According to the author, “The anti-Shia fatwas were ‘managed’ through a Deobandi scholar from India, Manzur Numani, who had earlier written a book against Imam Khomeini and Iran. Funded by the Saudi charity Rabita Alam Islami, he wrote to the Deobandi seminaries of India and Pakistan, asking them to give their juristic opinion on the Shia faith. In 1986, all of them sent to him fatwas declaring the Shia to be kafir. No attention was paid to the character of the Shia faith in Pakistan, a grave mistake made at the political level. The Shia of Pakistan had developed as a community tied to the teachings of Najaf. Their religious leaders followed the school of Najaf, which meant non-acceptance of the Iranian brand of faith founded on the concept of Velayat Faqih by Imam Khomeini, giving the Shia clergy the right to rule under the divine charisma of the ruling jurist. There was a strong implication in this of the sharing by the ruling jurist of the divinity of the innocent Twelve Imams. The Shia community of Pakistan was not politically aligned to its clergy; it was even less connected with the clerical hierarchy of Iran. The Shia of certain regions of Pakistan began going to Qum instead of Najaf only after the state under General Zia decided to collaborate with Saudi Arabia.

Ahmed points out that the laws promulgated in Pakistan against the apostatisation of the Shia do not contain any provision banning the issuance of fatwas as “private” edicts that violate the sovereignty of the state. The state is reluctant to bring the controversy of the apostatising fatwas into the courts of law because the courts themselves function under the sharia and will find it hard to disagree with the fatwas as edicts. The state rightly refuses to recognise the Shia as a separate community and has not given them a separate status in the census, meaning that the state does not “officially” discriminate on the basis of sect. It is generally agreed that Shia are 15 to 20 percent of the total population, with significant concentrations in Quetta in Balochistan, Kurram Agency in the Tribal Areas, and Gilgit in the Northern Areas. If the Northern Areas is given the status of a separate province, it will be a Shia-majority province. Pakistan is second only to Iran in respect of the number Shias living in it.

Ahmed notes that out of all the big cities, Karachi has witnessed some Shia response at the street level to the sectarian activities of the Deobandi seminaries, but by and large even in Karachi the Shia community has stayed away from violence, relying on the MQM and other non-religious parties for their political expression. In Lahore and Rawalpindi, where the biggest Shia seminaries are located – and have been targeted – the Shia have stayed away from their clergy and have not indulged in street violence. Shia “retaliation” has come from secret Shia militias run by organisations that remain officially banned. One can speculate that once the “external” causes of sectarian strife are removed or minimised sectarian violence will subside in Pakistan. Since 2004 the violence has become one-sided and Shia retaliation to Deobandi acts of terrorism has only been in extremis.

He writes, “But sectarian peace may not return so quickly to certain regions where the Shia-Sunni populations are in a state of equipoise and the Shia have the capacity to assert themselves. The Hazara community in Quetta in Balochistan is ghettoised to an extent that it will continue to attract Sunni violence, but sectarian trouble can be contained if the government is able to offer the Hazara Shias protection against the Taliban predominance in the city. The question of Parachinar in the Kurram Tribal Agency is however more complicated for two reasons: one, the historical nature of the friction between the tribes and, two, the linkages the Turi Shia tribe of Parachinar have developed downwards into the settled areas of the NWFP. The neighbouring tribal agency of Aurakzai and the cities of Bannu and Kohat in the NWFP have been “Talibanised” by Sunni extremists, and the Shias living there are being forced to fight back. At the time of writing in 2007 Parachinar had seen 50 deaths in the sectarian battles between tribes still ongoing in the month of March.”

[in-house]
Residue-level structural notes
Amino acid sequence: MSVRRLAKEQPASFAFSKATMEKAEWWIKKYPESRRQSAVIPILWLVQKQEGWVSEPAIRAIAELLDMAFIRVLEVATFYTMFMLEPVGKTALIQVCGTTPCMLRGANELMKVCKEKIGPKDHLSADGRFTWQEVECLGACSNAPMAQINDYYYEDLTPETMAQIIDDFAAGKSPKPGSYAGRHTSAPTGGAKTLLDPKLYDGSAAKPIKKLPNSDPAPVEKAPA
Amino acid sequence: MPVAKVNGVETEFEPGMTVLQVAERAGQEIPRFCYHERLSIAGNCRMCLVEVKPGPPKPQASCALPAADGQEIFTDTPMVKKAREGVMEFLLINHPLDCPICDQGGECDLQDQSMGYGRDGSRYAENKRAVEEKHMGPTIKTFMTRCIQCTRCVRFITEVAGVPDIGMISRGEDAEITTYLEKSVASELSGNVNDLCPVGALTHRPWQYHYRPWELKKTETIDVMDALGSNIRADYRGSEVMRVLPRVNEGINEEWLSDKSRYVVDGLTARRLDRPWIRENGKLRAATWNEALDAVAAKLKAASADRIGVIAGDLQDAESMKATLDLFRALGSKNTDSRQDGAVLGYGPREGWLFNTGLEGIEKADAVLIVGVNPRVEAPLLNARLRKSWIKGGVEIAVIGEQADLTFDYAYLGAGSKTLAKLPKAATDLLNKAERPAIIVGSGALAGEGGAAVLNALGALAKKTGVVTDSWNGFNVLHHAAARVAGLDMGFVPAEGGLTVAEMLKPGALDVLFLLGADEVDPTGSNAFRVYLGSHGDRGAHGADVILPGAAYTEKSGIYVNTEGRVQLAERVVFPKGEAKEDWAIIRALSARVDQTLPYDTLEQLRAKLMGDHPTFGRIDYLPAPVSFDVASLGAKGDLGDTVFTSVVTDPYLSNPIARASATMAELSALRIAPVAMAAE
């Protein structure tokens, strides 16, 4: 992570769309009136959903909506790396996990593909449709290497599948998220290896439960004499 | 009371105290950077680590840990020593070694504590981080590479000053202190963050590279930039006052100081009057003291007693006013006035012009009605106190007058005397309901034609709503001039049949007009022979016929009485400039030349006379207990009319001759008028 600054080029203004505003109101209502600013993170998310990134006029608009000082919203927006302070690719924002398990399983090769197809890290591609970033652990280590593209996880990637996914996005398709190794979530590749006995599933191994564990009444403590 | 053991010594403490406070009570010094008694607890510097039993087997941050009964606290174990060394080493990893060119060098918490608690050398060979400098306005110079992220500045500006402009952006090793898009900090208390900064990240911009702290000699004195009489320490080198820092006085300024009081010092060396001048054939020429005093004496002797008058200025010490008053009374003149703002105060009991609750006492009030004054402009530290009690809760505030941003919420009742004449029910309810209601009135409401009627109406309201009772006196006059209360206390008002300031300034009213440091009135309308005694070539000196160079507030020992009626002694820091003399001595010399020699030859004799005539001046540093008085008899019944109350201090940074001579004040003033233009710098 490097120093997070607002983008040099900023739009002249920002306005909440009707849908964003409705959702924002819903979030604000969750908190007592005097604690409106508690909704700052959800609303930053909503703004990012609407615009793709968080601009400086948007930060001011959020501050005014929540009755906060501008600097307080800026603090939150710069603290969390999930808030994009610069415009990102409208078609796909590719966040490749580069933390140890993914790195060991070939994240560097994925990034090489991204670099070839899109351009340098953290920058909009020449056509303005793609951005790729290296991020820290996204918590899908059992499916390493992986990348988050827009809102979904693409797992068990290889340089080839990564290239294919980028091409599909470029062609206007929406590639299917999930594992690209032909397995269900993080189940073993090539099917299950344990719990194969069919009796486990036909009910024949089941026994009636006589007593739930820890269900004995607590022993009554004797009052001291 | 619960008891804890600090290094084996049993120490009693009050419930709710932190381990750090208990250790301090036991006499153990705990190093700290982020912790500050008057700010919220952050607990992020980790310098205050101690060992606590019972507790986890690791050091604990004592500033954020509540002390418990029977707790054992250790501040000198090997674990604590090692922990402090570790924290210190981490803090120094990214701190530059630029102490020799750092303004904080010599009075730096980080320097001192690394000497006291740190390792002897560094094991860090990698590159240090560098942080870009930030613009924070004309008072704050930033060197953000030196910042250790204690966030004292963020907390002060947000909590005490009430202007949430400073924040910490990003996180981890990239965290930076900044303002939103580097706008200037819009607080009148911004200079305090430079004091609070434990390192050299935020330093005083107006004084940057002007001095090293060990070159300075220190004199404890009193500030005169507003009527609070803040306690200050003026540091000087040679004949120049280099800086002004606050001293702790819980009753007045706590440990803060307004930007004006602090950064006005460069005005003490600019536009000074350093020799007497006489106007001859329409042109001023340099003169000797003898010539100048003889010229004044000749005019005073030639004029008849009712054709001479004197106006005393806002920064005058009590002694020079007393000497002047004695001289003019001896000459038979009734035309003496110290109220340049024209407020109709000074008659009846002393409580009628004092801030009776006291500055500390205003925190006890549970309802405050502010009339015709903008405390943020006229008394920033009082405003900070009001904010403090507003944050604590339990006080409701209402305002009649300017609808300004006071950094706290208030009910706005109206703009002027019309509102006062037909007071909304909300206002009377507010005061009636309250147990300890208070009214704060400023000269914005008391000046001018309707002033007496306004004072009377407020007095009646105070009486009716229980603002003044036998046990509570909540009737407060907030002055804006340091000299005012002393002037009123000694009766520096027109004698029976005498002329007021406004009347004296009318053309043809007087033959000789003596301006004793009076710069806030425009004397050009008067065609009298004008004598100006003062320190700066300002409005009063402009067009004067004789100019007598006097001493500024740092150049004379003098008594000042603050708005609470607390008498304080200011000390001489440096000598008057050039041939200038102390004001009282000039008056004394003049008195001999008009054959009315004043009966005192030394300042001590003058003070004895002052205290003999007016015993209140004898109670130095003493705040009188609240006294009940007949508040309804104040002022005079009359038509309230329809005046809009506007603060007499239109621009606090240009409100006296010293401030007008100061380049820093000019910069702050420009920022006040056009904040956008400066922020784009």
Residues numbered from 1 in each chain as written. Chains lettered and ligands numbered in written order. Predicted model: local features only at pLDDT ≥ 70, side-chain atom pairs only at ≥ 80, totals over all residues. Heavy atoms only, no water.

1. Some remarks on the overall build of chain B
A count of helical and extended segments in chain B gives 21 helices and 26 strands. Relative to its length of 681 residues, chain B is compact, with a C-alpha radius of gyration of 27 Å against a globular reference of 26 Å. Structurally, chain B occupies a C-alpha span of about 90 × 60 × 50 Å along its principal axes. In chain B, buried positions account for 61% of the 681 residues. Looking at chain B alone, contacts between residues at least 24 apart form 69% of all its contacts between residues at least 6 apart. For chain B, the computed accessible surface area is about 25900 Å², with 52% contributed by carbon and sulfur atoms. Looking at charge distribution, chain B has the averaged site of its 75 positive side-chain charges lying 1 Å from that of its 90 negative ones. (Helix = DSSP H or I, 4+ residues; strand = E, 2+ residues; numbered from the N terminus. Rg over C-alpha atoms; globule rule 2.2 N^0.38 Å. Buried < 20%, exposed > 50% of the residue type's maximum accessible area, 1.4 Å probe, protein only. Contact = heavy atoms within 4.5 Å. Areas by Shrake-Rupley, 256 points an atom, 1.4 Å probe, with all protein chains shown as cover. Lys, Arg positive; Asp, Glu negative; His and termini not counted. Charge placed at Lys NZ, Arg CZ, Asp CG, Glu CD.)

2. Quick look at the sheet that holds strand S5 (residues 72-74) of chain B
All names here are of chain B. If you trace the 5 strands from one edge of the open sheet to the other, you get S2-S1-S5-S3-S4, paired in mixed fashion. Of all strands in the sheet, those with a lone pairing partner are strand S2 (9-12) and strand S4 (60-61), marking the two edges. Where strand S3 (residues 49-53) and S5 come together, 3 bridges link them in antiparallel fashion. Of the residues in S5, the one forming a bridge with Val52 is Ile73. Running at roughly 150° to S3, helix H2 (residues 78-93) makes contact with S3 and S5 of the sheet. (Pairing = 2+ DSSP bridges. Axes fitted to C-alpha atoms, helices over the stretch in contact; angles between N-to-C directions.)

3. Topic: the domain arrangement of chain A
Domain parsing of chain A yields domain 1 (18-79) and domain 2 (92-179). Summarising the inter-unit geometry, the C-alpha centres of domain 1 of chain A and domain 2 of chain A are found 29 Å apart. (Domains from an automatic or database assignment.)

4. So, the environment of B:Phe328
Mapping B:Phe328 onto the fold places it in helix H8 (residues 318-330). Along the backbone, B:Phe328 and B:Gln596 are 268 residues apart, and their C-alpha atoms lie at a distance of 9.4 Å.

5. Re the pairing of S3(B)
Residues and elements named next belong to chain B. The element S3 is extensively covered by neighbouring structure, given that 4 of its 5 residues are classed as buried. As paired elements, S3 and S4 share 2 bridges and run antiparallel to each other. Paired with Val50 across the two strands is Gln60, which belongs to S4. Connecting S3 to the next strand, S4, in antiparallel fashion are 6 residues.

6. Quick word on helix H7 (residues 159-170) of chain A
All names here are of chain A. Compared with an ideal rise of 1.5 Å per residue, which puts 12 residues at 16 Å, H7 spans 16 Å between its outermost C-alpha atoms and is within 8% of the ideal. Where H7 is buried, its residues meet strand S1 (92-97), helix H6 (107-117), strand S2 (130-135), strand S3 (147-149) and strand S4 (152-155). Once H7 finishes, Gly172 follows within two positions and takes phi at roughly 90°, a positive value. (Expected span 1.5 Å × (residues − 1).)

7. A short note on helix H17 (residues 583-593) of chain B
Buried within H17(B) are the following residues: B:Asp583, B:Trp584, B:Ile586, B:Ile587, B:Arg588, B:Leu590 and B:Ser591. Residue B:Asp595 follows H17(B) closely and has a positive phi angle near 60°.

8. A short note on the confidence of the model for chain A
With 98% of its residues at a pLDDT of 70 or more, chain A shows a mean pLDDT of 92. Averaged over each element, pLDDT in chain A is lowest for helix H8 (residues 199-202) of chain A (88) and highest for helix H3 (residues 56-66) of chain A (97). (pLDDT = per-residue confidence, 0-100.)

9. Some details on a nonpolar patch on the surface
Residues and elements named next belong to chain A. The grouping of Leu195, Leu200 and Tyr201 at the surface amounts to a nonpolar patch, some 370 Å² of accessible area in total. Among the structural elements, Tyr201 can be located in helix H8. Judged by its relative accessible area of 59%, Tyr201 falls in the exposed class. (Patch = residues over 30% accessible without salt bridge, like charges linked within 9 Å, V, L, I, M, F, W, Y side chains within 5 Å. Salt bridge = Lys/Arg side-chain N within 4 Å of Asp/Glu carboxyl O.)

According to Ahmed, the federally administered Northern Areas of Pakistan may take time to control the sectarian violence that has gripped the region since 1988. The demographic balance in Gilgit is such that Shia and Sunni vote banks have polarised there like Iraq, but that is more owing to the government’s refusal to allow the region to become devolved as a political entity. The army retains control of the administration of the Northern Areas because of the region’s strategic location next to Kashmir. During the Kargil operation in 1999, which was carried out from base camps in the Northern Areas, ground was provided once again for the sectarian violence that followed into the new millennium. The militias Pakistan used at Kargil were all Shia-killers. The status of the region – a change which is bound to lead to the diffusion of sectarian tension – will be difficult to “normalise” as long as the conflict with India over Kashmir is not resolved.


OUP Book Description

Sectarian War is an account of how the Shia-Sunni conflict was relocated from the Middle East to Pakistan after the rise of Revolutionary Iran in 1979, through the mediating agency of the rulers in Pakistan and the proliferation of the religious seminaries funded by Saudi Arabia. It examines the death of General Zia in the context of the sectarian conflict, goes into the process of production of apostatizing fatwas in Pakistan followed by violent action by organizations formed from the non-state actors used by the state for its covert wars.

Sectarian War also delves into the state of the Shia communities in the Middle East and their historical connections with South Asia. It examines the rise of Shia culture in Lucknow and its formative influence on the rise of the Shia in Iraq, with a parallel scrutiny of the rise of Wahhabism and its infiltration of India in the eighteenth century, and records the origins and history of organizations doing sectarian terrorism in Pakistan and their linkages to Al Qaeda whose trajectory into a sectarian identity is also traced to the rise of Al Zarqawi as a parallel leader in Iraq. Sectarian Warfacilitates an understanding of the phenomenon of terrorism in Pakistan today.

Table of Contents
1. The Shia in Pakistan
2. The Sunni-Shia Schism
3. Soldiers of Sectarianism
4. Narrative of a Fearful Asymmetry
5. Shias in the Middle East
6. Transformation of Al Qaeda